Speaking of counting the ballots, on Tuesday, the Pennsylvania Supreme Court ruled that absentee ballots cast without a handwritten date on the envelope may not be counted. State law requires such a date. It is not clear to us why the legislature put such a provision in the law, but it did. After all, if the ballot is received by Election Day, it hardly matters when it was filled out, but such is the law.
The big question to which we have no answer is: Which party benefits from this ruling? In the 2020 presidential election, there were 381,000 absentee ballots in Philadelphia (overwhelmingly from Democrats) and 8,300 had no date. That is 2%. If 1.5% were for Democrats and 0.5% were for Republicans, not counting them would move the needle about 1% toward the Republicans.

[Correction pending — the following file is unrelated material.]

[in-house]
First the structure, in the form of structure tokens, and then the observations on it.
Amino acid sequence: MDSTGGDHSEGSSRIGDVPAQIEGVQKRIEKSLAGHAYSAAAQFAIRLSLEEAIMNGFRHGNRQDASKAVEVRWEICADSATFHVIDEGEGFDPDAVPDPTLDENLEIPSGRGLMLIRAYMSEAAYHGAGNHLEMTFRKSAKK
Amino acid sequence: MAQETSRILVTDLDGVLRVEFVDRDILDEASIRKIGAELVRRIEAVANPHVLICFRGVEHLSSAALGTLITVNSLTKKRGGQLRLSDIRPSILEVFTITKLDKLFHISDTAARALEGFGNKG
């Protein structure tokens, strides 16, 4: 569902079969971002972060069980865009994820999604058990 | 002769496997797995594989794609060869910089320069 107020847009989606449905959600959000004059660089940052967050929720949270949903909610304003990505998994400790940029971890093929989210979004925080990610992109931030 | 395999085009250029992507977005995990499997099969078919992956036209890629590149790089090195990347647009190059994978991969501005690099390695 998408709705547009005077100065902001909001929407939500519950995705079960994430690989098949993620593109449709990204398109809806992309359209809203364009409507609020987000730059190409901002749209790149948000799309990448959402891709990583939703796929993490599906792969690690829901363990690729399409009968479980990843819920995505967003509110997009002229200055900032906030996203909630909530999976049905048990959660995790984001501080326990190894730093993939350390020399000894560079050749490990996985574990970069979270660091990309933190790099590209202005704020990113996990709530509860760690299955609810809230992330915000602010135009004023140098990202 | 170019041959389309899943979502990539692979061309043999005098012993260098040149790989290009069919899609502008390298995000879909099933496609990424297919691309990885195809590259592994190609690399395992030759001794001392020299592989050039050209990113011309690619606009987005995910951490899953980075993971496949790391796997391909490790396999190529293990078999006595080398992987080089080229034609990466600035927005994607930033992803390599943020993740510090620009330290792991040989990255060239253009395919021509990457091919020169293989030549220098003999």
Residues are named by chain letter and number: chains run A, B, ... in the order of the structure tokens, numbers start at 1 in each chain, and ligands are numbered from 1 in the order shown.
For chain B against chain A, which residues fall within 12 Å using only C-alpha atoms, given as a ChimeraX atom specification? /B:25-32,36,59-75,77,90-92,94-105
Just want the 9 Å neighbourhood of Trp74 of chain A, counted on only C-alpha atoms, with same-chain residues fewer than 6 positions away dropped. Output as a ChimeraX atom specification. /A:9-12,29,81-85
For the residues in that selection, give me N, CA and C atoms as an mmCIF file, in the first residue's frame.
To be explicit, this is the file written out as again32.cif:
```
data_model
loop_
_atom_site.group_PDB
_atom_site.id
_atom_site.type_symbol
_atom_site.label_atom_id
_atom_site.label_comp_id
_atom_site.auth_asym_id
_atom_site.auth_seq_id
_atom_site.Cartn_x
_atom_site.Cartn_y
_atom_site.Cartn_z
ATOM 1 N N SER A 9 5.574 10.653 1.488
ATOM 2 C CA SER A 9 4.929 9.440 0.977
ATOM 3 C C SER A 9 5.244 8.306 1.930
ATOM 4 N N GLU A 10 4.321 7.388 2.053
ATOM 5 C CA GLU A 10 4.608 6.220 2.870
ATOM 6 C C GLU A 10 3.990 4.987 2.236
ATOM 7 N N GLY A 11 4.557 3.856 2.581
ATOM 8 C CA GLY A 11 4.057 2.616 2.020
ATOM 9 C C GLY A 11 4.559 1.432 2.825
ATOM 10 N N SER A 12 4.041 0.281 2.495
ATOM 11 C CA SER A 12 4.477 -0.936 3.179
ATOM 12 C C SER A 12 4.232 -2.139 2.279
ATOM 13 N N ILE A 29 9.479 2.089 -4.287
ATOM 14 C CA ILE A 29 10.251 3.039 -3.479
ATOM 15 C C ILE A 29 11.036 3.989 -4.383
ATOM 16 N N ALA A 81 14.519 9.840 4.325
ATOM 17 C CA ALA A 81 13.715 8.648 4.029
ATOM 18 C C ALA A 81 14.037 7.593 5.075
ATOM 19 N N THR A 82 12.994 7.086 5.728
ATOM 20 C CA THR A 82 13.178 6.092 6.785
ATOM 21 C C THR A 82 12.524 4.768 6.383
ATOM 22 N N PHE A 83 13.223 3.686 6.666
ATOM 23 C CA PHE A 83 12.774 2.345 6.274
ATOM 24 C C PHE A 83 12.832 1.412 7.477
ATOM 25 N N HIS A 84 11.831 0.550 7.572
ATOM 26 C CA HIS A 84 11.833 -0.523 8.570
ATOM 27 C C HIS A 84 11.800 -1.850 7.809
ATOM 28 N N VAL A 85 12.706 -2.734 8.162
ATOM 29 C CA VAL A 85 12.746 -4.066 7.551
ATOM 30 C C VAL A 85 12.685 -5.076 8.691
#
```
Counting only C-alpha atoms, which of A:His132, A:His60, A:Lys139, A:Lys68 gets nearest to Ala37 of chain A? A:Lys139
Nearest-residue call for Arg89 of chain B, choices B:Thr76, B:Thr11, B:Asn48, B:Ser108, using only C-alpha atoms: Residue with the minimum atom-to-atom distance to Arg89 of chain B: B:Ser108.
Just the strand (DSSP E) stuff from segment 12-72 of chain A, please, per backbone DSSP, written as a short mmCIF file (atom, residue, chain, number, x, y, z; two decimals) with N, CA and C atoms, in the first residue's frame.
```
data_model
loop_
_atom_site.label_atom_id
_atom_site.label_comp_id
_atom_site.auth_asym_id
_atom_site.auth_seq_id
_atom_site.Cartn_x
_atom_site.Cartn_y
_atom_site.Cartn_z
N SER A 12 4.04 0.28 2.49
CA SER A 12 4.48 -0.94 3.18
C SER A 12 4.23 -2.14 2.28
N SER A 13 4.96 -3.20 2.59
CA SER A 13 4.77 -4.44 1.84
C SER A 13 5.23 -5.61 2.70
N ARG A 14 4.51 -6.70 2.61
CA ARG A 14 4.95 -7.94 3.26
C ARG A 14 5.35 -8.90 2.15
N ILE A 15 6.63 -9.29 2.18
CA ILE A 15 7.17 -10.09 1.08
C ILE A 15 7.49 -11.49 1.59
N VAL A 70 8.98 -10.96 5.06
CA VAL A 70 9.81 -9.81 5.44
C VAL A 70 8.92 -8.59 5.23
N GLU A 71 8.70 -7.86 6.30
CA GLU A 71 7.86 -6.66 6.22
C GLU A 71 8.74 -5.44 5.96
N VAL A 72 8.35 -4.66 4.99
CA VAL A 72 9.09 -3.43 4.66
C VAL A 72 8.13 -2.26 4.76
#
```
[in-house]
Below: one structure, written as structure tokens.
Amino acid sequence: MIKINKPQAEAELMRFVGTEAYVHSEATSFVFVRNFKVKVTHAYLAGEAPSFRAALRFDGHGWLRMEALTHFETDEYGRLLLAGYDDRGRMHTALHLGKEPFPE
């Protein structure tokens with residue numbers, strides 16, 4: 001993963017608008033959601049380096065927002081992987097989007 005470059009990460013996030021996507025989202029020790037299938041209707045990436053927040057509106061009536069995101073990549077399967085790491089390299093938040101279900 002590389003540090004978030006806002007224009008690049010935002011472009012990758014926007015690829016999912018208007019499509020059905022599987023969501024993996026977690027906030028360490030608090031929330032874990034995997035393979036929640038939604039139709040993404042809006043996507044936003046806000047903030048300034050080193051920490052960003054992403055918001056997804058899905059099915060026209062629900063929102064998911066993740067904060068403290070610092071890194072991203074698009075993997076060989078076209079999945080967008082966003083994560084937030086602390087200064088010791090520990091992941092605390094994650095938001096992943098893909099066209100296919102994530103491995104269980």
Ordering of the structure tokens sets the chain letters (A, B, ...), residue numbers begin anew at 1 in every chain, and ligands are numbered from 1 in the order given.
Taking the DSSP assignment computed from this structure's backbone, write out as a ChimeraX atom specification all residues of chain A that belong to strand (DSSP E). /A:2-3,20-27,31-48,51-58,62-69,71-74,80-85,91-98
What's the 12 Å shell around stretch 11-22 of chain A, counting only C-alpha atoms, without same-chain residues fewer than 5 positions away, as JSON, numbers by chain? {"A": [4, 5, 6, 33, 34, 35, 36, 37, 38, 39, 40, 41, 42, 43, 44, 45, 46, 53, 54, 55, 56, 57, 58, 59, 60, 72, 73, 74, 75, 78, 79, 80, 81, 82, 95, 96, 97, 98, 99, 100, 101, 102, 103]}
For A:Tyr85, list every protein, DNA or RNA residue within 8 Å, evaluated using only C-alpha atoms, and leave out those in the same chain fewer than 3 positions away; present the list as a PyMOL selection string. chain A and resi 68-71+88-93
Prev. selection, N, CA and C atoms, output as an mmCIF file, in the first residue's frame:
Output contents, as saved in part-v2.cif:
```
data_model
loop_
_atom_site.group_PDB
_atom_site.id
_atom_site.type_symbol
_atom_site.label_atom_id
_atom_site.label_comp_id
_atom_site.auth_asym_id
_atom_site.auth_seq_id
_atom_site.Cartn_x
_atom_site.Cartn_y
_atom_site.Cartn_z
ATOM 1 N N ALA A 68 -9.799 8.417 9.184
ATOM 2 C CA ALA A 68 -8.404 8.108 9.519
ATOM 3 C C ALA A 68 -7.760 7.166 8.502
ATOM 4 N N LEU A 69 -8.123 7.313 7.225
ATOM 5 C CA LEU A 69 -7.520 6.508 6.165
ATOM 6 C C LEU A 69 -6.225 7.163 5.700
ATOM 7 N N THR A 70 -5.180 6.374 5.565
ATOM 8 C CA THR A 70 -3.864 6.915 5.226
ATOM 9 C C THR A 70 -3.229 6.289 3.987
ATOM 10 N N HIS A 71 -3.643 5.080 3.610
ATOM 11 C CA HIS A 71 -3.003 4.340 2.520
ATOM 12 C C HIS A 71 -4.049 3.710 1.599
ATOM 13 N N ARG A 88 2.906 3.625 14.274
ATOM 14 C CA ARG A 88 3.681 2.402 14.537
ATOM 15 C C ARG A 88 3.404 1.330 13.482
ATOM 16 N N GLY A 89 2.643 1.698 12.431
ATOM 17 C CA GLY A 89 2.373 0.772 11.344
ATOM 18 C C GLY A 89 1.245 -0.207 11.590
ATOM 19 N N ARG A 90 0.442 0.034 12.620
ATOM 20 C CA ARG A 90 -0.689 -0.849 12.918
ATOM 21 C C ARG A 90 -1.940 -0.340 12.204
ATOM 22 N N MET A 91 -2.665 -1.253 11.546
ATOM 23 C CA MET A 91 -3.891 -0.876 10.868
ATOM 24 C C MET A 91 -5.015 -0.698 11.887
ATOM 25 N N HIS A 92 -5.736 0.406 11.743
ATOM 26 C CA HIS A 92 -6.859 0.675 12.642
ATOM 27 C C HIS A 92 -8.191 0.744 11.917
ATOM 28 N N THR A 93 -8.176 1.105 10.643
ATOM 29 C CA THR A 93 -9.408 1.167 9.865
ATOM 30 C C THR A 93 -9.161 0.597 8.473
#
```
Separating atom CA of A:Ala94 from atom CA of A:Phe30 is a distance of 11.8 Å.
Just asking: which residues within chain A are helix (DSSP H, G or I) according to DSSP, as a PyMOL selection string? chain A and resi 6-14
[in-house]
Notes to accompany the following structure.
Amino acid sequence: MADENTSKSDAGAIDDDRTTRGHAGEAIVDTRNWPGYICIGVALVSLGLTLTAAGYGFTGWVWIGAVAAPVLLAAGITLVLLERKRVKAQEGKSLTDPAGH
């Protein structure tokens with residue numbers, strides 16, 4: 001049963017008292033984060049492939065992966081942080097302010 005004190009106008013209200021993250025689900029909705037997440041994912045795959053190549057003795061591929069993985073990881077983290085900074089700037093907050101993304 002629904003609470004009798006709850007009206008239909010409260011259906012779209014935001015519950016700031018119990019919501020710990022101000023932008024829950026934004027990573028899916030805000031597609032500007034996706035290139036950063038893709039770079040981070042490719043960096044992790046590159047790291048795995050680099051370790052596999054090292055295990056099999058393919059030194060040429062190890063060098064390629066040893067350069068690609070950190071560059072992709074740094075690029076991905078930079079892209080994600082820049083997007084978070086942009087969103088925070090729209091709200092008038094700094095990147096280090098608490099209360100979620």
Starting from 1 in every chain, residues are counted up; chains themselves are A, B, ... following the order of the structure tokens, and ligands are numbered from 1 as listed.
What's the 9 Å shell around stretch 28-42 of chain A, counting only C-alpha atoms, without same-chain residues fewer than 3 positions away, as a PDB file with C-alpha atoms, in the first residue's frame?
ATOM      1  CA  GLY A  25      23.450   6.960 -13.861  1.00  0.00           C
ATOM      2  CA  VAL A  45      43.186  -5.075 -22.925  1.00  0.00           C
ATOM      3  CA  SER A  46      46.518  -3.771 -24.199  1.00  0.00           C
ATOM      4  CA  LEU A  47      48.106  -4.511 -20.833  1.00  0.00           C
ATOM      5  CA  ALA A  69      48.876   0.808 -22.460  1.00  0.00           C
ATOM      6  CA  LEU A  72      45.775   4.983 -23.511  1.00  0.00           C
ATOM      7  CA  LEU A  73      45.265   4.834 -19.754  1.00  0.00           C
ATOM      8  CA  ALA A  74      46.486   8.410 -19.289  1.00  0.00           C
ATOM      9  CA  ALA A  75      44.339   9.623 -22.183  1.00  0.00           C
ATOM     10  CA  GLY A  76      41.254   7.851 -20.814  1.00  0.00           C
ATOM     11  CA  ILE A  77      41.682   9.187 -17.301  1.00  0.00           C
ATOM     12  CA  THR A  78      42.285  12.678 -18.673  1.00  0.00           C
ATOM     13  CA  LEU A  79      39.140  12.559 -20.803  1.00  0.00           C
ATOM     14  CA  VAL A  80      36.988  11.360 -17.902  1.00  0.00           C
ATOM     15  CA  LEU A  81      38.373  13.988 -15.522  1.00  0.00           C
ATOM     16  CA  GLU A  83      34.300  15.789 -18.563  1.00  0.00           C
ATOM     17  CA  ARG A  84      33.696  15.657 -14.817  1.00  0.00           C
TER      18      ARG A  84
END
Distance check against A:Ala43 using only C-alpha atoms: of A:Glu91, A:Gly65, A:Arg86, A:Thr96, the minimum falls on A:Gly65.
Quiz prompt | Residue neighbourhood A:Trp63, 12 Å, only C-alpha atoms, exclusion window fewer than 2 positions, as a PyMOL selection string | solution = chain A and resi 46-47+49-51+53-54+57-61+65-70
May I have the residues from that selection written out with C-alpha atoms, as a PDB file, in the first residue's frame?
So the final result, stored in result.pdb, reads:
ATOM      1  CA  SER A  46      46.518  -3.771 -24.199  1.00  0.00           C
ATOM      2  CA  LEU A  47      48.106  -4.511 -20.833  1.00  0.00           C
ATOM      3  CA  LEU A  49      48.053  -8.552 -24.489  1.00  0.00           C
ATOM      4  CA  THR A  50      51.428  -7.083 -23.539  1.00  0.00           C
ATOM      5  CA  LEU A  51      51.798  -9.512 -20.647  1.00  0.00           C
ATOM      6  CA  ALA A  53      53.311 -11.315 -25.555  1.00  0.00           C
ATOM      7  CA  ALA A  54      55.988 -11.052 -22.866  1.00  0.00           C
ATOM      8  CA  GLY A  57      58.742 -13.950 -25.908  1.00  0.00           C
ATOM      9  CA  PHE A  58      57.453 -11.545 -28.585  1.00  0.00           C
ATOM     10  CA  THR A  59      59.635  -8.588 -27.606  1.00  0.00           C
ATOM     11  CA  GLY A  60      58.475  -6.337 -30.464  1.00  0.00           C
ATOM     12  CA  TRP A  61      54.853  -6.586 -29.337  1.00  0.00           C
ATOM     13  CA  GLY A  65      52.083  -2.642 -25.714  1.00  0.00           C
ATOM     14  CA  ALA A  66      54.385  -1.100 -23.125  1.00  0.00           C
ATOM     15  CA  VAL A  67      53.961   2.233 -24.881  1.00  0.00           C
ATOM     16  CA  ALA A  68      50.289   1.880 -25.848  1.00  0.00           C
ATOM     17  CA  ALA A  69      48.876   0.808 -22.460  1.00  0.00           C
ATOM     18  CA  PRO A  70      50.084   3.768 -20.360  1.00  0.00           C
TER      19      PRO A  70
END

However, Philadelphia isn't the whole state. There is also the "Kentucky" part between Philadelphia and Pittsburgh. Here many voters are older Republicans and older people are more likely than, say, 40-year-olds, to make simple clerical errors like forgetting to date the envelope. It is possible that here the ruling hurts the Republicans.
Some counties may try to notify voters of the defect before Election Day and invite them to come to election central to add the date to the envelope. This could result in a patchwork in which forgetting to fill in the date can be cured in some counties and not in others. If you are going to vote by absentee ballot in any state but haven't done so yet, please: (1) get on the stick and do it today because the mail is slow and (2) read and follow the directions carefully. (V)